Why We Should Think Twice About Giving Bibles to Our Friends
About ten years ago a Christian publisher produced a Bible with the evangelistic goal of distributing a million copies. The campaign created lots of “oohs and ahhs” in the Christian community.
But there were issues. The Bibles, which sold for $1 apiece, were constructed so cheaply they were virtually unreadable. To reduce the page count and save paper costs, it was printed with six columns per spread! So much text was squeezed onto the page that the words ran into the gutter and you had to bend the spine open to read it.
Here’s where the story gets interesting. In 2005, at the height of the campaign, New Orleans was hit by hurricane Katrina. A huge shipment of the Bibles was sent into the devastation.
Not surprisingly, the Bibles were deemed of little value for the hurting masses of New Orleans. But in a moment of brilliance, someone suggested the crates of Bibles could be used for building makeshift dams!
The well-intentioned but infamous “Katrina Bible” is an extreme case of nonsensical Bible publishing and distribution. But it serves as a valuable speed bump to slow us down to re-think our well-worn practice of introducing people to the Bible.
Here are some questions to start us thinking differently:
What is it like to be on the receiving end of a Bible?
What really happens when we give a friend a Bible, specifically a friend without a faith background? We hear the occasional story of someone beaten down by life that providentially stumbles upon a Bible and has a redemptive encounter with God. We love these stories and should rejoice in every one. But what’s never reported, and never will be, are the scores of people who pick up a Bible but can’t make sense of it and lay it down in frustration.
I recently met a new Christian who described the angst he and his wife experienced in their first Bible study. Their frustration began immediately with the Bible itself — chapters (but not like chapters in other books), verse numbers (a completely foreign literary device), and center column references (another literary enigma). The conversations were equally confusing—things were deemed “biblical” because the “Bible said so” in Deuteronomy 5. The Bible was as foreign as the moon to them, but none of the Bible veterans in the group seemed to know or care.
We have to ask: am I giving someone a Bible with the intention of helping them understand it?
Do the Bibles we share communicate the inherent beauty and value of the Scriptures?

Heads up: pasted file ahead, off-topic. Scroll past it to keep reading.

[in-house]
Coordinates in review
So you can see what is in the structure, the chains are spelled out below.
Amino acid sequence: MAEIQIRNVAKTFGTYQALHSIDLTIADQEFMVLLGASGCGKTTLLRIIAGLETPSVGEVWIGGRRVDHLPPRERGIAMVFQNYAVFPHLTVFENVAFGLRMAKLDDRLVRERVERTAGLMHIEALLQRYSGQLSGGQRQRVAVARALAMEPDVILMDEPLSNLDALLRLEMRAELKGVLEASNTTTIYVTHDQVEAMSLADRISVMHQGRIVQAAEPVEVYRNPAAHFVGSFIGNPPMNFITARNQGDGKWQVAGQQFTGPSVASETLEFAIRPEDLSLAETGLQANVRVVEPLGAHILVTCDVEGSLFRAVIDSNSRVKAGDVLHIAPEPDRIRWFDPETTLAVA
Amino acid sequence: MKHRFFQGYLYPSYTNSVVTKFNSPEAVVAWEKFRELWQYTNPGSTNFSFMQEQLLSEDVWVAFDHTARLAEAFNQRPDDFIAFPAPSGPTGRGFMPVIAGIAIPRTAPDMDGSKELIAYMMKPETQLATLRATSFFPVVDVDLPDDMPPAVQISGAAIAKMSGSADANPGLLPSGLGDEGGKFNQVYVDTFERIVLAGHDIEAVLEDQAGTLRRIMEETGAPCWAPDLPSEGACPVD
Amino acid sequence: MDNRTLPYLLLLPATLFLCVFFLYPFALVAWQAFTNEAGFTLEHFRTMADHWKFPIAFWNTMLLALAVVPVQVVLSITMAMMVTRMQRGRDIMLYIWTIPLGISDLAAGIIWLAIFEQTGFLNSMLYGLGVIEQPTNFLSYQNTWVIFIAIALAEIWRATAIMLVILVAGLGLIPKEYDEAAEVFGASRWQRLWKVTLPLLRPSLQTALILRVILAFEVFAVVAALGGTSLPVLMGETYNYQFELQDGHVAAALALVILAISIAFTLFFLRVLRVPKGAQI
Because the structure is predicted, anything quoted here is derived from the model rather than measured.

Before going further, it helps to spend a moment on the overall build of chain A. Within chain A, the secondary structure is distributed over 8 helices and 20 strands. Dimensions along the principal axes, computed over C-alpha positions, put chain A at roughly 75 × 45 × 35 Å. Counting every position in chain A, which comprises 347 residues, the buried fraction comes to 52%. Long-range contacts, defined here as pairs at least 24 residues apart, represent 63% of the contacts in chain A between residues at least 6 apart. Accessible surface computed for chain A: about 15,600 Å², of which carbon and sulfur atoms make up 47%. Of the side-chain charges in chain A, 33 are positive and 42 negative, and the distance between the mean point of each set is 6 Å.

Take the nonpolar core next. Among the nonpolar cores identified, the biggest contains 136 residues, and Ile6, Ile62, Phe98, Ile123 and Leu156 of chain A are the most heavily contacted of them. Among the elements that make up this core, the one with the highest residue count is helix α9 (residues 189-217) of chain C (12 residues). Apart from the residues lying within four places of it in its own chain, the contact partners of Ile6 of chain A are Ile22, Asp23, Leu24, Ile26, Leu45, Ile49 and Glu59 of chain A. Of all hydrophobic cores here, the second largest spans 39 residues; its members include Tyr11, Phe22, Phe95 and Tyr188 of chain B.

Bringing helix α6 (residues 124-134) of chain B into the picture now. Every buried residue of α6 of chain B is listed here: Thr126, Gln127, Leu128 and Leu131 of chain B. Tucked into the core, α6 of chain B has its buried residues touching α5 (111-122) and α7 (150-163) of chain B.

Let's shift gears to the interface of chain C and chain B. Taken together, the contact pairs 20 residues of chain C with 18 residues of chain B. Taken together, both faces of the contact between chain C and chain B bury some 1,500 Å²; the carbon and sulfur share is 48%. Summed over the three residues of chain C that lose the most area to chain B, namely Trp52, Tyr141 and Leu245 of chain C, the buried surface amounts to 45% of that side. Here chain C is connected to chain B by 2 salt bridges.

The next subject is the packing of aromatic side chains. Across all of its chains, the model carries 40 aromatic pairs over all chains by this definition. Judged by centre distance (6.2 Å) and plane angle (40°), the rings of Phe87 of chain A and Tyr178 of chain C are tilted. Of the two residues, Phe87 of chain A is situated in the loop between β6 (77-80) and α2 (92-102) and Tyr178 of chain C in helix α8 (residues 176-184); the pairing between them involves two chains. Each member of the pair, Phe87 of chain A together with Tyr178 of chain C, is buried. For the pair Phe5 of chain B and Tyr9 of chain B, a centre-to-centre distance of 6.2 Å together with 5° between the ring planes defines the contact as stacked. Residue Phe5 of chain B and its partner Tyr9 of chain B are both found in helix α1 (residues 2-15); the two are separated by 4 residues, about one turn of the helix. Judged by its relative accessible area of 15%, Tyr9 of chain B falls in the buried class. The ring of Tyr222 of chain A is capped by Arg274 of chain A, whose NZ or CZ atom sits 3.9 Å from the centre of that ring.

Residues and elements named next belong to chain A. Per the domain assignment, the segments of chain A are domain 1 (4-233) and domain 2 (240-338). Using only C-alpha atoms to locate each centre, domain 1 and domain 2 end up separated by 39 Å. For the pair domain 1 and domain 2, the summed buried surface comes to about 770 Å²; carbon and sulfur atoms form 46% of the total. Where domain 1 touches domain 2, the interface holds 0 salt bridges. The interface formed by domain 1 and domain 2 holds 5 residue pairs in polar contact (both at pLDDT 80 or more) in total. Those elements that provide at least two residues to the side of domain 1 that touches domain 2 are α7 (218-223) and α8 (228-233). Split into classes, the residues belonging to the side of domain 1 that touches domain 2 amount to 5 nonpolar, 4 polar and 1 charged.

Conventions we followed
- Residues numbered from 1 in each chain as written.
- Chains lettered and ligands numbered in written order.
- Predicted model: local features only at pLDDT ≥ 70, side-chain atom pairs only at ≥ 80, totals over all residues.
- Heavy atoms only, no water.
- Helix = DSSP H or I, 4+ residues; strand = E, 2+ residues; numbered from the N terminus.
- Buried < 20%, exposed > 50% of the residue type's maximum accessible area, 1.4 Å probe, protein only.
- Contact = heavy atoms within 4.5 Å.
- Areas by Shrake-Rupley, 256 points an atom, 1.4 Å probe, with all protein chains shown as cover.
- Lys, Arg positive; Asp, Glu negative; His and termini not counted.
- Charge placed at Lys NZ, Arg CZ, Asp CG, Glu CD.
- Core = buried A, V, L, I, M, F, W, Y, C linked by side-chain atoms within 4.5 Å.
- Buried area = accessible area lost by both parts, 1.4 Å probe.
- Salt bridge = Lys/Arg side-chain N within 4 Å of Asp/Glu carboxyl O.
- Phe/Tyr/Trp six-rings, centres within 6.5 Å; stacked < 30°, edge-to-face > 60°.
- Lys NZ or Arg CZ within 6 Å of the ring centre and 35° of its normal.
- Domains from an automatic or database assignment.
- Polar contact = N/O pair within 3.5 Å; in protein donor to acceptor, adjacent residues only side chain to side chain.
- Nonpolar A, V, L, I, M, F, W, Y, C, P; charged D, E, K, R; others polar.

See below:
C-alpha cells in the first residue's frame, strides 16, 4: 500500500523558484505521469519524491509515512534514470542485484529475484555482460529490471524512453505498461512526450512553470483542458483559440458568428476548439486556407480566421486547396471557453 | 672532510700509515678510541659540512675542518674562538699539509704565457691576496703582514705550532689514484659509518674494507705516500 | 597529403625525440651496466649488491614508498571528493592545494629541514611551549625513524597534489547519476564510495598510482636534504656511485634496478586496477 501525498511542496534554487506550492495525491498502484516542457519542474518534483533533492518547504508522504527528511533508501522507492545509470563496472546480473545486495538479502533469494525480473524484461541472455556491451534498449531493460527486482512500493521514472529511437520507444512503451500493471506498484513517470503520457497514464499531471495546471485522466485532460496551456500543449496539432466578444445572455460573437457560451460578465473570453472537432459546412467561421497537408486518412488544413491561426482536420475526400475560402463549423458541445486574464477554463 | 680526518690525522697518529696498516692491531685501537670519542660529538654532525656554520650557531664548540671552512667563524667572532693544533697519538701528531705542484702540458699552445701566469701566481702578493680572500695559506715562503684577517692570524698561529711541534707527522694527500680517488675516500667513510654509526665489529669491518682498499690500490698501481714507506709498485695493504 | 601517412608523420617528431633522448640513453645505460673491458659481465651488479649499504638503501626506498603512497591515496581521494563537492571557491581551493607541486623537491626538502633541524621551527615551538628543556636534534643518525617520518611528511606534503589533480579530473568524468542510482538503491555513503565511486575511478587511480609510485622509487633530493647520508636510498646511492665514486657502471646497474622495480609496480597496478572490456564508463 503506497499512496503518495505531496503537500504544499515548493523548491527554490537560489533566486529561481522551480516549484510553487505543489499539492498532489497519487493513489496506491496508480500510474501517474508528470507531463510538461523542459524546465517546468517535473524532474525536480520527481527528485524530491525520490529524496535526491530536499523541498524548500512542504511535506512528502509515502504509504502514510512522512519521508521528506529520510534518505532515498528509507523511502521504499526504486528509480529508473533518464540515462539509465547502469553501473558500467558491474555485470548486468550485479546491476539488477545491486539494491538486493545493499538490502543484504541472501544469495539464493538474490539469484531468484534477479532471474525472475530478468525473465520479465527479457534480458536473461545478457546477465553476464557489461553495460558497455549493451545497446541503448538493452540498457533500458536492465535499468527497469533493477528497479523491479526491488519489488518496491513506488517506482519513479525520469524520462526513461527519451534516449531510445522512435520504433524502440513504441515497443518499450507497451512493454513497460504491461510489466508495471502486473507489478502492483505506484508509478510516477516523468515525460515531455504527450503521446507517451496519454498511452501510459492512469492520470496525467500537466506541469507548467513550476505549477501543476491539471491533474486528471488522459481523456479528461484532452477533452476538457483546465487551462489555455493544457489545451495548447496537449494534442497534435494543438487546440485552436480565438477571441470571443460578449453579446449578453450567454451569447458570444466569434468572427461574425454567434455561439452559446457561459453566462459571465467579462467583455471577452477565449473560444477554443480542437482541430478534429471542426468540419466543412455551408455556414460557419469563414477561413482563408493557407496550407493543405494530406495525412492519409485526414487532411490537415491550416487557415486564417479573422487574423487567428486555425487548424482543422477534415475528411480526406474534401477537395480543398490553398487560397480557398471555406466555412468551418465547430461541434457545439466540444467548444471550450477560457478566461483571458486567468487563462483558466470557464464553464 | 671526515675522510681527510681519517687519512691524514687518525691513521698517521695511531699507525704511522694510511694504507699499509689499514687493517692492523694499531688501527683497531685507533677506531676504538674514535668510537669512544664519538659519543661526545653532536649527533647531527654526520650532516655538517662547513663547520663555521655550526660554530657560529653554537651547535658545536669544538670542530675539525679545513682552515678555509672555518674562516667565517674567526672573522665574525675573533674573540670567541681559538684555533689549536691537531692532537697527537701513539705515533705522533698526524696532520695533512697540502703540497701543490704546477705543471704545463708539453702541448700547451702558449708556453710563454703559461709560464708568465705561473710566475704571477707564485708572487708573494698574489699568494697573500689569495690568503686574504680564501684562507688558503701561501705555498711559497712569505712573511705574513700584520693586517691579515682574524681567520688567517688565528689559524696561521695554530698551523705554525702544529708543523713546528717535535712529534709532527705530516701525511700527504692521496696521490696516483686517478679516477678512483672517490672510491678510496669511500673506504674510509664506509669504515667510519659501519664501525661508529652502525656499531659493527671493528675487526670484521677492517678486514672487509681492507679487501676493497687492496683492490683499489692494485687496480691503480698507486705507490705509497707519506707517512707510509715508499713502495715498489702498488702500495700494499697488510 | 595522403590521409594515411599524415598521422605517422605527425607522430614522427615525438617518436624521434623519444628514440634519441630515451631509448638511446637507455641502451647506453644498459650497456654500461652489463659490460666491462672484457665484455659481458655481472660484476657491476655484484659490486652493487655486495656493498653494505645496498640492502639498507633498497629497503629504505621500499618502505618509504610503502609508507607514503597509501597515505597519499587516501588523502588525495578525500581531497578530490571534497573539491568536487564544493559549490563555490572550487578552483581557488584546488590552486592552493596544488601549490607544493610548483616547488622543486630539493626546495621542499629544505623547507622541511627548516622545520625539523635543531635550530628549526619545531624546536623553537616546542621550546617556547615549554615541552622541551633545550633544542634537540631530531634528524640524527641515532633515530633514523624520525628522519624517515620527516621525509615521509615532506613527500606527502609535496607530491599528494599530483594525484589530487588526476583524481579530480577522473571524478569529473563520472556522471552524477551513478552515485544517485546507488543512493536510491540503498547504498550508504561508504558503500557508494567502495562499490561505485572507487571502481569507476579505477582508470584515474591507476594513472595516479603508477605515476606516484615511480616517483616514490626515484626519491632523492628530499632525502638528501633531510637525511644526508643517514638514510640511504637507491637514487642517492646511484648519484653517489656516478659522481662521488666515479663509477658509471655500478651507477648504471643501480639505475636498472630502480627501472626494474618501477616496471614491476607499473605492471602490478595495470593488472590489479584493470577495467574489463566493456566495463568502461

When giving Bibles, we should remember that each Bible is a physical artifact, and in essence a work of art.
So what kind of statement do we make when we give cheap paperback Bibles with tiny print, the choice of most evangelistic editions? If “the medium is the message,” what kind of message do we send when Bibles are printed on cheap paper with tiny fonts? When we choose a medium most often associated with cheesy romance novels, what are we saying about our sacred Scriptures? Do the Bibles we give reflect our Creator’s love of beauty?
Do they need a new Bible or a fellow explorer?
The latest data shows that the average North American household owns 4.5 Bibles. Of course, that doesn’t mean everyone has a Bible, or one they can easily read. But if simply owning a Bible were sufficient, we’d be the most spiritually transformed society in the world. We’re not.
The Ethiopian eunuch in Luke’s gospel owned his own Scripture, but he didn’t understand—couldn’t understand—what he was reading. What he needed was a non-threating conversation with a more experienced traveler. How about, rather than giving somebody another Bible and wishing them the best, we sat down and read it with them?
The Bible is still powerful to save! I believe that. It’s God’s agent sent into the world to transform his creation. But it isn’t automatically powerful.
If the Bible is to flourish in this new era we need to develop a deeper sympathy for the reader.
Bible publishers will have to courageously publish in formats without the confusing additives of the modernist Bible.
Bible advocates will have to give not just a Bible, but give themselves to enter into courteous conversations with the Bible.
To paraphrase E.B. White: The reader is in serious trouble most of the time, floundering in a swamp, and it’s our duty to drain the swamp quickly and get the reader up on dry ground, or at least throw a rope.
Let’s do that with the Bible.